The second floor of an elegant Milanese building from the 1920s hosts an incredible collection of 20th-century art. It’s the Boschi Di Stefano museum, which has been open to the public for the past twenty years with a free entrance and is not far from Milan city centre.
History of the Boschi Di Stefano art collection
Antonio Boschi and Marieda Di Stefano lived in their apartment in Via Jan in Milan since the early 1930s. They were a curious couple, an engineer and a sculptor, both passionate about contemporary art.
Boschi worked for the Italian company Pirelli (machines, electric parts, tires, engines…) and, thanks to his fairly famous inventions, he made tons of money.
Marieda was an artist and loved ceramic. She created colourful, avant-garde pieces, especially considering that she was a woman of the early twentieth century. In fact, sometimes she signed herself “Andrea Da Robbio” (in Italian Andrea is considered a male name) to find acceptance and space for her art. The pseudonym is taken from Luca della Robbia, a 15th-century ceramist from Florence, who probably greatly fascinated our Marieda.
Having no children, the couple invested their capital in paintings, sculptures, violins and design furnishings.
Boschi and Di Stefano donated their collection to the Municipality of Milan, requesting to open a museum with it, that would bear both their names. They left more than 2000 pieces of art and only the smallest part are today on display in the museum. Others are exhibited in other Milanese museums or are waiting their turn in the cellar to shine in the apartment.
The collection and the museum
Boschi and Di Stefano were certainly art enthusiasts, but they also had a good eye for talent and the means to put together an incredible collection. With such a great number of pieces, the artworks on display at the museum are constantly rotating. You can find and download the current exhibition’s list of canvases from the museum’s website.
Among the pieces currently on display (June 2023), I want to mention two of the famous slashed canvases by Lucio Fontana and a couple of impressive paintings by Giorgio De Chirico. There’s also a very original canvas by Alberto Savinio, which is… not square!
Two rooms are entirely dedicated to Fontana and two others to Mario Sironi. The other rooms are more mixed and there is a bit of everything, but mostly Italian artists. Just to name a few, you can find Giorgio Morandi, Gino Severini, Filippo de Pisis, Piero Marussig, Arturo Tosi and, one of the perhaps only two female artists exhibited at the time of my visit, Paula Modersohn-Becker. One last artist I want to name is Remo Brindisi, who signs a portrait of Mr and Mrs Boschi hanging right at the entrance of the exhibition.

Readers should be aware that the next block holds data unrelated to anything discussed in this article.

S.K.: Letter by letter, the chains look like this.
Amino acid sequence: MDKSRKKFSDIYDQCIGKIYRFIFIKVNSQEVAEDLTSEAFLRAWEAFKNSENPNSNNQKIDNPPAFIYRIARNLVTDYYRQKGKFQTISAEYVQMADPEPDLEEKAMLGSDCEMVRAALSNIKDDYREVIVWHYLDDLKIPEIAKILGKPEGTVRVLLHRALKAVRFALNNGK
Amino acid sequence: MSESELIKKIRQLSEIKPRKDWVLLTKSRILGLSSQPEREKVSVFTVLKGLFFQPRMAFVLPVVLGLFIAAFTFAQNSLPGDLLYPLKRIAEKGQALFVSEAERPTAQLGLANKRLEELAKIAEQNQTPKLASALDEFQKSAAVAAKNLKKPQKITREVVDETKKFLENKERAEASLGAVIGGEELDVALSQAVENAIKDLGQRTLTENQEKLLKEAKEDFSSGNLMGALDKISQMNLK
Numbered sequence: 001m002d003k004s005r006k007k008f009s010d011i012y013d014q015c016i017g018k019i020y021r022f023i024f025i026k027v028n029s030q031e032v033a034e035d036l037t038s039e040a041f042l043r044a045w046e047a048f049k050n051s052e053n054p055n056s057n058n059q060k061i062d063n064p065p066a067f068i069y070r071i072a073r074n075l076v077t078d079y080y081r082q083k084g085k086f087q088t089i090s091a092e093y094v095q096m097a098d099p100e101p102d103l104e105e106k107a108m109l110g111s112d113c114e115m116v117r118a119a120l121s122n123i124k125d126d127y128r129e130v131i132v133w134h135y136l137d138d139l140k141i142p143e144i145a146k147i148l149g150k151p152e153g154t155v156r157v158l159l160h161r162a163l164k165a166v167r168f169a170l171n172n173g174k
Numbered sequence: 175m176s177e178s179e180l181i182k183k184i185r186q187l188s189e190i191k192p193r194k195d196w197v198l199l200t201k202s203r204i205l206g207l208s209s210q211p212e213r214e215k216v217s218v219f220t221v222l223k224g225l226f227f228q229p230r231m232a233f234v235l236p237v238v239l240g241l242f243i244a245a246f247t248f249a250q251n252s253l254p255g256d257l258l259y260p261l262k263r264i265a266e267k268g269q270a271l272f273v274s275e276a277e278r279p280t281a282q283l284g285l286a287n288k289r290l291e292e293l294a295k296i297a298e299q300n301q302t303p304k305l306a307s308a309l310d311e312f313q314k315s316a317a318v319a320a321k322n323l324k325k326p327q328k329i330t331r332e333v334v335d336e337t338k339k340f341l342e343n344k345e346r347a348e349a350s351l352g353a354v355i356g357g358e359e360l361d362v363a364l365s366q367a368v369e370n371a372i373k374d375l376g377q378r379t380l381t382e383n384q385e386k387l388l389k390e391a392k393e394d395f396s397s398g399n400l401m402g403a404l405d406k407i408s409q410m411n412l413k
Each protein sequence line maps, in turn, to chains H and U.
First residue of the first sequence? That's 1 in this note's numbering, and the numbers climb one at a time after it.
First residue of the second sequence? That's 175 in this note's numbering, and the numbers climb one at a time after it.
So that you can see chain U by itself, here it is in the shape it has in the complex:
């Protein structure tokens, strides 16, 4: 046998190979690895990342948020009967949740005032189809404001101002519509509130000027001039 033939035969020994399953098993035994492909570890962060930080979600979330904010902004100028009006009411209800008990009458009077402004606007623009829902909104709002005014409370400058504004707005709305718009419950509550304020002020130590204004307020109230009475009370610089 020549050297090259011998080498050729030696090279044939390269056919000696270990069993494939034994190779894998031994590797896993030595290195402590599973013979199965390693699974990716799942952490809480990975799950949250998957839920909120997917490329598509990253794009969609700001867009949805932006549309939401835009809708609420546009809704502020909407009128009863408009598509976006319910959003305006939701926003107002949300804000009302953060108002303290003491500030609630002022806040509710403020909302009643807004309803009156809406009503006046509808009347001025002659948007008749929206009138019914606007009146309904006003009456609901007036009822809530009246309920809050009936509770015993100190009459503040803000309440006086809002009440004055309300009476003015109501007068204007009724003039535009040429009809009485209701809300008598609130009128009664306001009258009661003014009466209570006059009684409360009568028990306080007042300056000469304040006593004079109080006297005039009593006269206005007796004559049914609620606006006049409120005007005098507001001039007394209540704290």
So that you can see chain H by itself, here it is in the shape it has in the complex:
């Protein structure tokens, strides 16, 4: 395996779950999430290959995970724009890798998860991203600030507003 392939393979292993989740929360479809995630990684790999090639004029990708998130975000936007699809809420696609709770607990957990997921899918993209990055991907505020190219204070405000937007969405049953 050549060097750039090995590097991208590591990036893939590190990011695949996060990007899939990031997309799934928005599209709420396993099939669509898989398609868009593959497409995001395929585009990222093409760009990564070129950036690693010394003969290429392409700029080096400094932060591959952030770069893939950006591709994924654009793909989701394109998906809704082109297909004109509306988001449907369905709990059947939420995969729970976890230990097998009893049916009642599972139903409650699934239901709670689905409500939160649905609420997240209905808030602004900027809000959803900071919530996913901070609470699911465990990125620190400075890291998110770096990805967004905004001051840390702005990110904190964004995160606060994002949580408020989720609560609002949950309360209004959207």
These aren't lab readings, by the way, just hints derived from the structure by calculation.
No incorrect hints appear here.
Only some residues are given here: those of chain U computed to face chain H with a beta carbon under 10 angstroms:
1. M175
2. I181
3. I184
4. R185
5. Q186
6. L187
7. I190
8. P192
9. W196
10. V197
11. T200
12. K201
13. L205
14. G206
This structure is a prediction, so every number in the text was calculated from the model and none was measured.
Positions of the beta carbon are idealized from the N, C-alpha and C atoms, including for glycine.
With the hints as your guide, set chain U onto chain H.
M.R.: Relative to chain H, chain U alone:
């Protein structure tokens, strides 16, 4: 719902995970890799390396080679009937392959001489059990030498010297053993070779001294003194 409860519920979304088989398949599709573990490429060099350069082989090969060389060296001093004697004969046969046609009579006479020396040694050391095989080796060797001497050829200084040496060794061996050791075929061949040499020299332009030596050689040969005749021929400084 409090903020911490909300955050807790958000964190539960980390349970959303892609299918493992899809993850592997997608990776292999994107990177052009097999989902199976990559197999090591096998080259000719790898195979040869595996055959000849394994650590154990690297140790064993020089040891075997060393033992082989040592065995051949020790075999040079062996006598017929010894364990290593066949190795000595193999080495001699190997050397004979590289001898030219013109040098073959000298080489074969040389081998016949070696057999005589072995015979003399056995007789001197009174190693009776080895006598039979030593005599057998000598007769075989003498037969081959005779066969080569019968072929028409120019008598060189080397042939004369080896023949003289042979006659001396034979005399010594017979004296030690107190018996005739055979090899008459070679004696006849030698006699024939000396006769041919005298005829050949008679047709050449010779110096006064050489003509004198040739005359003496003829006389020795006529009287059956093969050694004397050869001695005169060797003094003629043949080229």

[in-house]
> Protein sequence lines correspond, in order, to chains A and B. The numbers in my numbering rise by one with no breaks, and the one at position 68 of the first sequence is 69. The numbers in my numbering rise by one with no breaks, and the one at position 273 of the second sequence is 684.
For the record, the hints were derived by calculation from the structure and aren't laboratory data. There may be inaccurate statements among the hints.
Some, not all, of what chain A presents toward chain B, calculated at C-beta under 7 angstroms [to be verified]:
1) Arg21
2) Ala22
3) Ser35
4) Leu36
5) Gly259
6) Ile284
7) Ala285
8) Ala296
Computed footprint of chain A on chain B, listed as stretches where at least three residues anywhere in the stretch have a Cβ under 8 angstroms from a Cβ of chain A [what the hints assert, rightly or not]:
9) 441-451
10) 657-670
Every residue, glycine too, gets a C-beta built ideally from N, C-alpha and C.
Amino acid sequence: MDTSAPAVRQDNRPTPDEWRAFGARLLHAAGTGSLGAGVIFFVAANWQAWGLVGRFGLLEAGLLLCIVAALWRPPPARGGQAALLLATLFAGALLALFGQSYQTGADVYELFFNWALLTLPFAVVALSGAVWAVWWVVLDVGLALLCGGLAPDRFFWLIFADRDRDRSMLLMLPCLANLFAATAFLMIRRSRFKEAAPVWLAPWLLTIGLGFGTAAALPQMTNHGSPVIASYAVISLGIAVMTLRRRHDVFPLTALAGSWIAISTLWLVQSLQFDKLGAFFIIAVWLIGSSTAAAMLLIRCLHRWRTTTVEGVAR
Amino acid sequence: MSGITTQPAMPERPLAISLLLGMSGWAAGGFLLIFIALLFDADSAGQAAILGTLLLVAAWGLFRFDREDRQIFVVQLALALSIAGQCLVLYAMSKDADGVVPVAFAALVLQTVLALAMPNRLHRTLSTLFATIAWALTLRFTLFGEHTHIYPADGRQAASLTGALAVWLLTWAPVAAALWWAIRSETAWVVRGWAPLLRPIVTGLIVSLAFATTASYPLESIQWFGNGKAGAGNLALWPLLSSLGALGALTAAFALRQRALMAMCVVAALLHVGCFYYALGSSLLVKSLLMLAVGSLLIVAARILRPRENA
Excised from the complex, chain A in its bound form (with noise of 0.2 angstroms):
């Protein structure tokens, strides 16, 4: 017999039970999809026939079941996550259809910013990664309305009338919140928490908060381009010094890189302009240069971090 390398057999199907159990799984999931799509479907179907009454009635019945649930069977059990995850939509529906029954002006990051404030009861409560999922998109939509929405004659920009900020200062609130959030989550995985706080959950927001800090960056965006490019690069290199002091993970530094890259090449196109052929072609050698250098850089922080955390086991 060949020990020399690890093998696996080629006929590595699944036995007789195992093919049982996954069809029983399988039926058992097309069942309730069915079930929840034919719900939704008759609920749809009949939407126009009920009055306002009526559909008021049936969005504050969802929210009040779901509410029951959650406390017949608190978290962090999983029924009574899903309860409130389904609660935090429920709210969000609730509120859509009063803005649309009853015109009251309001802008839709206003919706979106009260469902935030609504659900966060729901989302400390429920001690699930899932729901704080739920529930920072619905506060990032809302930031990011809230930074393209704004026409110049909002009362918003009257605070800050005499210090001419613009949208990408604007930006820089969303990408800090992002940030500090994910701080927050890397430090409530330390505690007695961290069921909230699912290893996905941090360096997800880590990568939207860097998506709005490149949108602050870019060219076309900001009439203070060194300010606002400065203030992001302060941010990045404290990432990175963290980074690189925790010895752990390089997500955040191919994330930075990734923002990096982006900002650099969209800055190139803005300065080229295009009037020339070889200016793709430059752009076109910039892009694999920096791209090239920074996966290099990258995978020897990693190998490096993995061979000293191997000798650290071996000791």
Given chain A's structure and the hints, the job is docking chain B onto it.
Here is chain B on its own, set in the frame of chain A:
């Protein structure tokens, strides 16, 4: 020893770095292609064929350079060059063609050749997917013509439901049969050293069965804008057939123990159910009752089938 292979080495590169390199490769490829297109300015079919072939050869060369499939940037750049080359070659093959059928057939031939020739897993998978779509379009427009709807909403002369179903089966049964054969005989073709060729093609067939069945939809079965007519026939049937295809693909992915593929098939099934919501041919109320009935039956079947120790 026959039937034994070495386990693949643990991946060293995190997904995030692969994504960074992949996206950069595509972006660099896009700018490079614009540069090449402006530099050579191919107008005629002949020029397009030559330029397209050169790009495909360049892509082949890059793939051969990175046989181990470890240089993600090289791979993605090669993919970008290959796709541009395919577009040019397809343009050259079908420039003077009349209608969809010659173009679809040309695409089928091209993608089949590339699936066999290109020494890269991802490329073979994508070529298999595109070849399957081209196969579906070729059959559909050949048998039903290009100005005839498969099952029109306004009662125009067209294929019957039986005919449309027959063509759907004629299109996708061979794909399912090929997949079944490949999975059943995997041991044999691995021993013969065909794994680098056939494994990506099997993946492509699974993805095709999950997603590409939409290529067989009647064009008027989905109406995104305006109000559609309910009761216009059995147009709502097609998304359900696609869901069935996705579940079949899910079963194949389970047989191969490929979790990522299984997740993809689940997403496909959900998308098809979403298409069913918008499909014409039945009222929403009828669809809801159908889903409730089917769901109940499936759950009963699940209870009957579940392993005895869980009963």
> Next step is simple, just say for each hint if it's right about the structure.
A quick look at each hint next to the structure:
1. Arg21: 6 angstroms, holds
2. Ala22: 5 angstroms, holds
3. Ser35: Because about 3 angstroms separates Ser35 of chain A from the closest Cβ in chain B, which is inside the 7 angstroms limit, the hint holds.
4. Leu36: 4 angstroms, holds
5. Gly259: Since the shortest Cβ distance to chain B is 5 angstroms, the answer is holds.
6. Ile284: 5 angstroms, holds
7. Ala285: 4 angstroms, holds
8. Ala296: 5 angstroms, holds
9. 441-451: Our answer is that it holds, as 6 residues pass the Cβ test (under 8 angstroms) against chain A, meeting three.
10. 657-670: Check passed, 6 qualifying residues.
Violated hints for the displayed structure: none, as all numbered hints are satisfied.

Antonio Boschi was passionate about music, as well as art. And in the museum sits a grand piano, a beautiful record player/cabinet and a collection of violins.
Scattered around the apartment, many works by Marieda Di Stefano are on display. Among these, there are ceramic fish, curiously worked metallic plates and some flat sculptures that look like paintings.
The sculpture and ceramic school
On the ground floor of the museum building, there is another apartment belonging to the couple that can also be visited free of charge. These spaces used to be used as Marieda’s ceramic workshop and the school that she opened in the 1950s. It was a meeting point to share knowledge and exchange experiences with other artists, but also a place to learn for the following 50 years.
The apartment still contains some of the workshop’s furniture, tools and some of Marieda’s art. But it also hosts temporary exhibitions with works from artists from the Boschi Di Stefano collection. In the basement, there’s the old oven to cook the ceramics, but it’s sadly not open to the public.
I leave you the school of ceramic link, where you can find quite a few pictures and interesting anecdotes.
Visit the museum Boschi Di Stefano: free entrance and volunteers
The Boschi Di Stefano museum is located on the second floor of the building, in a beautiful apartment. The walls are entirely covered with works of art. Each room hosts more or less a decade of collection, so you can visit the museum in chronological order.
The entrance is free, which is a rare and quite unique perk for any Italian museum, not just in Milan. However, you can leave an offer to keep up the Boschi Di Stefano foundation that runs the business.
Another very nice thing about both apartments, museum and workshop, is that there are guides ready to give you information and answer any of your questions. At least some of them if not all, are volunteers from the Italian Touring Club. They are in fact quite well prepared for the exhibition, the artists on display, but also other Milanese museums and art in general.
I approached an old lady who must have been 80 years old with a couple of questions and, honestly, some doubts that they could find answers in this grandma. But surprise! The lady showed off a respectable artistic and historical preparation, which certainly far exceeded mine!
The museum organizes free daily guided tours, that can be booked online. For details, times and closing days, check out the website of the museum.